In this two-part article, Adoption STAR will explore breastfeeding and formula feeding the adopted newborn.
The second part of this article, we will address the topic of Formula Feeding Your Adopted Infant
Formula Feeding is often known as Bottle Feeding, but truth be told it can also mean breast feeding through a supplemental system utilizing a flat bottle and thin tube taped to the adoptive parent’s breast.
And even if you breastfeed using your own breast milk, you will still need to obtain bottles and nipples.
So, this means it is important to discuss bottle-feeding. Which bottles and nipples do you purchase? Often this is up to your baby. Some babies have preference to the type and shape of nipples and bottles. You may find yourself experimenting with a couple of them before settling on the one you and your baby are most comfortable with. There are plastic bottles, glass bottles, bottles that cost a couple of dollars and those that are much more expensive. There are disposable and reusable nipples with various shapes, sizes and hole sizes that either slow the release of liquid or allow for a quicker release. Early research could prove beneficial so you don’t feel additionally overwhelmed the day your baby arrives. Luckily your baby will come home from the hospital with some bottles and formula.
It is also important to know that there are three basic types of formula: ready-to-feed, concentrate, and powder. Ready-to-feed is usually considered the most convenient because you just pour from the can and serve. Ready-to-feed can come in large and small sizes, the small cans make it easy to travel with. Concentrate takes a little more effort as it must be mixed with an equal amount of water before feeding. Powder must also be reconstituted with water, but has the advantage of a long shelf life in the can. Powder is also lightweight and handy for travel (as long as you have water easily accessible to you.). Each formula type is nutritionally equal and your choice will simply depend on your needs and lifestyle.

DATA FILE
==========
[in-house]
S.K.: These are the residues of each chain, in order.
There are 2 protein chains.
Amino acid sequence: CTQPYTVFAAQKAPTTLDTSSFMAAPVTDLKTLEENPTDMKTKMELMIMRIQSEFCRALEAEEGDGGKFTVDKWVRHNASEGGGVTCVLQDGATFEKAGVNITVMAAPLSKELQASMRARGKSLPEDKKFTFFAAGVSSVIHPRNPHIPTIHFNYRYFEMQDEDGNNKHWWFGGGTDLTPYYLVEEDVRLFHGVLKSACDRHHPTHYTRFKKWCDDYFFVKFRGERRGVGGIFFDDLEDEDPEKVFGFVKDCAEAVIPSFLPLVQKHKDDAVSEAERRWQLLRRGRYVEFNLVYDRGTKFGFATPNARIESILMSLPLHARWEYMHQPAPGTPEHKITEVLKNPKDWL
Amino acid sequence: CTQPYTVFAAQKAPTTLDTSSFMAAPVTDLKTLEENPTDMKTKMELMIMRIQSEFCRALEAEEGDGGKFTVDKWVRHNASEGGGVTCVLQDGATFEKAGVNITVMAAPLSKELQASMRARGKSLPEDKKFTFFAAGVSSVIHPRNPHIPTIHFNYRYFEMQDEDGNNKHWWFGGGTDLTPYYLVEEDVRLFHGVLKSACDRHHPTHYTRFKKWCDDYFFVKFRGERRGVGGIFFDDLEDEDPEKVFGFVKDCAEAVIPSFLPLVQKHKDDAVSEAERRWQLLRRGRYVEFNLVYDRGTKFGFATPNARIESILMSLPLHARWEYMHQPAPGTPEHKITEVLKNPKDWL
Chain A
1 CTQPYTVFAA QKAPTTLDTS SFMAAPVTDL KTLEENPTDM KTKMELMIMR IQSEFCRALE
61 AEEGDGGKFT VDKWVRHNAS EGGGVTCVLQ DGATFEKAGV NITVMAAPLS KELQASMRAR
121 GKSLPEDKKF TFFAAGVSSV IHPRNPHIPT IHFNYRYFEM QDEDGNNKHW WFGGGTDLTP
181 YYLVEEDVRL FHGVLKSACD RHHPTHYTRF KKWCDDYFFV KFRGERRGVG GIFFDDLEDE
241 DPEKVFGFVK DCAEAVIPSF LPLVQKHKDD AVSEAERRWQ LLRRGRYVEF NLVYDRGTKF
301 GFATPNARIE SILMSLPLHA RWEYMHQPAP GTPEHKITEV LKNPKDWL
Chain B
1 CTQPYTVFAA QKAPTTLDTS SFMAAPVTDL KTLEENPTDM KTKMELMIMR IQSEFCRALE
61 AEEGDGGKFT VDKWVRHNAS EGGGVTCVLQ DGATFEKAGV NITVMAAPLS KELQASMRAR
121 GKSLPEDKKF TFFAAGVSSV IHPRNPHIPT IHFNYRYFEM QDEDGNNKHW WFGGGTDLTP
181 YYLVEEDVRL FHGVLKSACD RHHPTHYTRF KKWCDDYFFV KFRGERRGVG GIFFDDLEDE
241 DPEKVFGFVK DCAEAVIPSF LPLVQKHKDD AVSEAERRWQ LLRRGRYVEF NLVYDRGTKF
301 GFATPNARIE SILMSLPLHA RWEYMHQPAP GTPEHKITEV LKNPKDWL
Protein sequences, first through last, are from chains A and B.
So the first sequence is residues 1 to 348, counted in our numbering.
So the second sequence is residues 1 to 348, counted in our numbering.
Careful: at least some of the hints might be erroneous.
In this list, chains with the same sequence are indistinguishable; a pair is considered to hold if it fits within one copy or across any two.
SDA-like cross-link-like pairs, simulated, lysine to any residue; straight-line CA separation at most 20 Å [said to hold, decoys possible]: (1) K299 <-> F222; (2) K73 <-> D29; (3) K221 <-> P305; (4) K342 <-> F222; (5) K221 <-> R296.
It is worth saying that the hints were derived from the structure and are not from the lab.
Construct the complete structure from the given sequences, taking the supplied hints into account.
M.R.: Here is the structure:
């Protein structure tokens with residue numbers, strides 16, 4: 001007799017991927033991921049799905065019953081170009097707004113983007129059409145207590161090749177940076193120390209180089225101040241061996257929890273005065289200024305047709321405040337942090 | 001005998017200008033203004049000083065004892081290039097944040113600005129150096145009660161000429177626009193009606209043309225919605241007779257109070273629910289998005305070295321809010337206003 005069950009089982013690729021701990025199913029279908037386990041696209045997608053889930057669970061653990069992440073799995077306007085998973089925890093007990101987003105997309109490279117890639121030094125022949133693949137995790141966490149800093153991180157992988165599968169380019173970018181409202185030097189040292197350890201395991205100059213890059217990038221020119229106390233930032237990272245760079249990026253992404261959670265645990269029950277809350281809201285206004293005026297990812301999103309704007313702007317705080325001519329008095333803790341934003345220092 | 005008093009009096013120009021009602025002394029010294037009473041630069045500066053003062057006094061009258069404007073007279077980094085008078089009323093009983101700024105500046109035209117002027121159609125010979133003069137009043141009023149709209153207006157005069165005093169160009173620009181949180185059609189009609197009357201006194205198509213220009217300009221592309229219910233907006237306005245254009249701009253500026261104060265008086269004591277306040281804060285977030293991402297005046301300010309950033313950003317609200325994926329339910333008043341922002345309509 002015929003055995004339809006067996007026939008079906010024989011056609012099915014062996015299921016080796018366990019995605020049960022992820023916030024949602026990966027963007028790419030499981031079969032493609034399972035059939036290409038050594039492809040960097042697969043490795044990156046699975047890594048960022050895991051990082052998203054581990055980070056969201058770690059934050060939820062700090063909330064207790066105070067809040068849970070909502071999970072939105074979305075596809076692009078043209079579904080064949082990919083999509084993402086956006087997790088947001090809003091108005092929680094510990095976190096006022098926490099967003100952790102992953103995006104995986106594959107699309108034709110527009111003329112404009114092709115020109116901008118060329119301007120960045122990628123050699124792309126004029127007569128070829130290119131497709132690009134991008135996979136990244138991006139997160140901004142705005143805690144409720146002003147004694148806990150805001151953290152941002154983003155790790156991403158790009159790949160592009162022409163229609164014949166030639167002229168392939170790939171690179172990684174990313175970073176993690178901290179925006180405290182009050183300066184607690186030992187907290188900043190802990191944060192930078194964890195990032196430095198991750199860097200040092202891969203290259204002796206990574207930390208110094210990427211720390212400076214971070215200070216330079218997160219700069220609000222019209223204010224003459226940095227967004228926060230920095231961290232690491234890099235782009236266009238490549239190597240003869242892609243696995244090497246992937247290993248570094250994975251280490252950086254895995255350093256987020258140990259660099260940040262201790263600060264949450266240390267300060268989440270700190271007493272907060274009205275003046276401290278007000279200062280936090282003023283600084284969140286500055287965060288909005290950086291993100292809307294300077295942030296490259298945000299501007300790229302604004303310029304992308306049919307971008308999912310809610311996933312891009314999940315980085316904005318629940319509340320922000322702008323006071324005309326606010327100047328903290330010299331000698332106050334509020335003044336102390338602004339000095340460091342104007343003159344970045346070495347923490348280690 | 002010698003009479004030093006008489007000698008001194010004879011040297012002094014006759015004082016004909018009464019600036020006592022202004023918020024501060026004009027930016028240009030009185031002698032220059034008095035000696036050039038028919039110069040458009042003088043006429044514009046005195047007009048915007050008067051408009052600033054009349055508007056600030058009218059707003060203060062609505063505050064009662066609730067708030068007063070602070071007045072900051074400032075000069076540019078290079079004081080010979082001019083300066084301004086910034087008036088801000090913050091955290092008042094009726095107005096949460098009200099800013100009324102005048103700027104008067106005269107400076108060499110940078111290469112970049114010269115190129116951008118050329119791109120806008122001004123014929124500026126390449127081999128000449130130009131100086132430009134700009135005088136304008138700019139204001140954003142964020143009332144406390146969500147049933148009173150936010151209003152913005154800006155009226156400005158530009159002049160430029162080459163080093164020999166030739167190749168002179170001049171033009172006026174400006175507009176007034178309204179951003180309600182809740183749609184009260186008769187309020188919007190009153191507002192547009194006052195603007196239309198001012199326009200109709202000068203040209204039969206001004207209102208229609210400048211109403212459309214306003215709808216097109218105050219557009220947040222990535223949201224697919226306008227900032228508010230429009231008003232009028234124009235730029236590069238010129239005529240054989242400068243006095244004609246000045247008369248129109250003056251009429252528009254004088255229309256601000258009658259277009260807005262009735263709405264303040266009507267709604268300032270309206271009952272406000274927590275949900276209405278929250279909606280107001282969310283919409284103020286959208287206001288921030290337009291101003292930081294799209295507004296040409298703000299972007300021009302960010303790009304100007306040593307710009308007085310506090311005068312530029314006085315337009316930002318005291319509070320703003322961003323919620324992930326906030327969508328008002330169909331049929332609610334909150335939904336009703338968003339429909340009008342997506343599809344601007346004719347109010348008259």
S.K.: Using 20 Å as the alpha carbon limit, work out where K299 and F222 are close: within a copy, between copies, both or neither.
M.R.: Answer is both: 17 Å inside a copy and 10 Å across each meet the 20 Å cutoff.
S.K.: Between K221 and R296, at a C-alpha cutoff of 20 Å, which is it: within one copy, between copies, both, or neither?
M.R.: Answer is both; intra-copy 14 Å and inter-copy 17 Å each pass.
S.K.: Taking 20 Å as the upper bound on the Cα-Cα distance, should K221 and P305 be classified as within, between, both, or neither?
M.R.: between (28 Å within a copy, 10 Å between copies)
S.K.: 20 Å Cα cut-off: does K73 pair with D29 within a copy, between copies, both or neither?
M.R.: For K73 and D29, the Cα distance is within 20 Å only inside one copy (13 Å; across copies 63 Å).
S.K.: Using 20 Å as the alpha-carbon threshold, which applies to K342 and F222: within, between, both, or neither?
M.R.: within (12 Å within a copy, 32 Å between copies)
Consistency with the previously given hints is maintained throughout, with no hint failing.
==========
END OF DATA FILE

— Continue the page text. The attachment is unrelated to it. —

There are many brands of formula. Your infant will be discharged to you with a specific brand of formula. This formula was given to the baby from the hospital. Discuss the formula and its preparation with your pediatrician. Do not change formulas without first discussing it with your pediatrician. If your baby is doing well on a particular formula there may be no reason to switch the brand.
Sterilize all bottles, nipples, rings and preparation utensils in boiling water after purchasing them and before offering them to baby. Always wash your hands with soap before handling the clean bottles and before feedings. Before mixing a bottle of formula, be sure the water you are using is healthy. If you have well water make sure you had it checked out. The use of tap water is usually fine. If you choose to boil water, cool it before mixing formula with it.
Formula should be warm or room temperature, not hot. Be sure to check the temperature of the formula on the inside of your wrist before feeding to the baby. NEVER heat formula in the microwave as it heats unevenly and creates “hot spots” that you may not determine when testing it.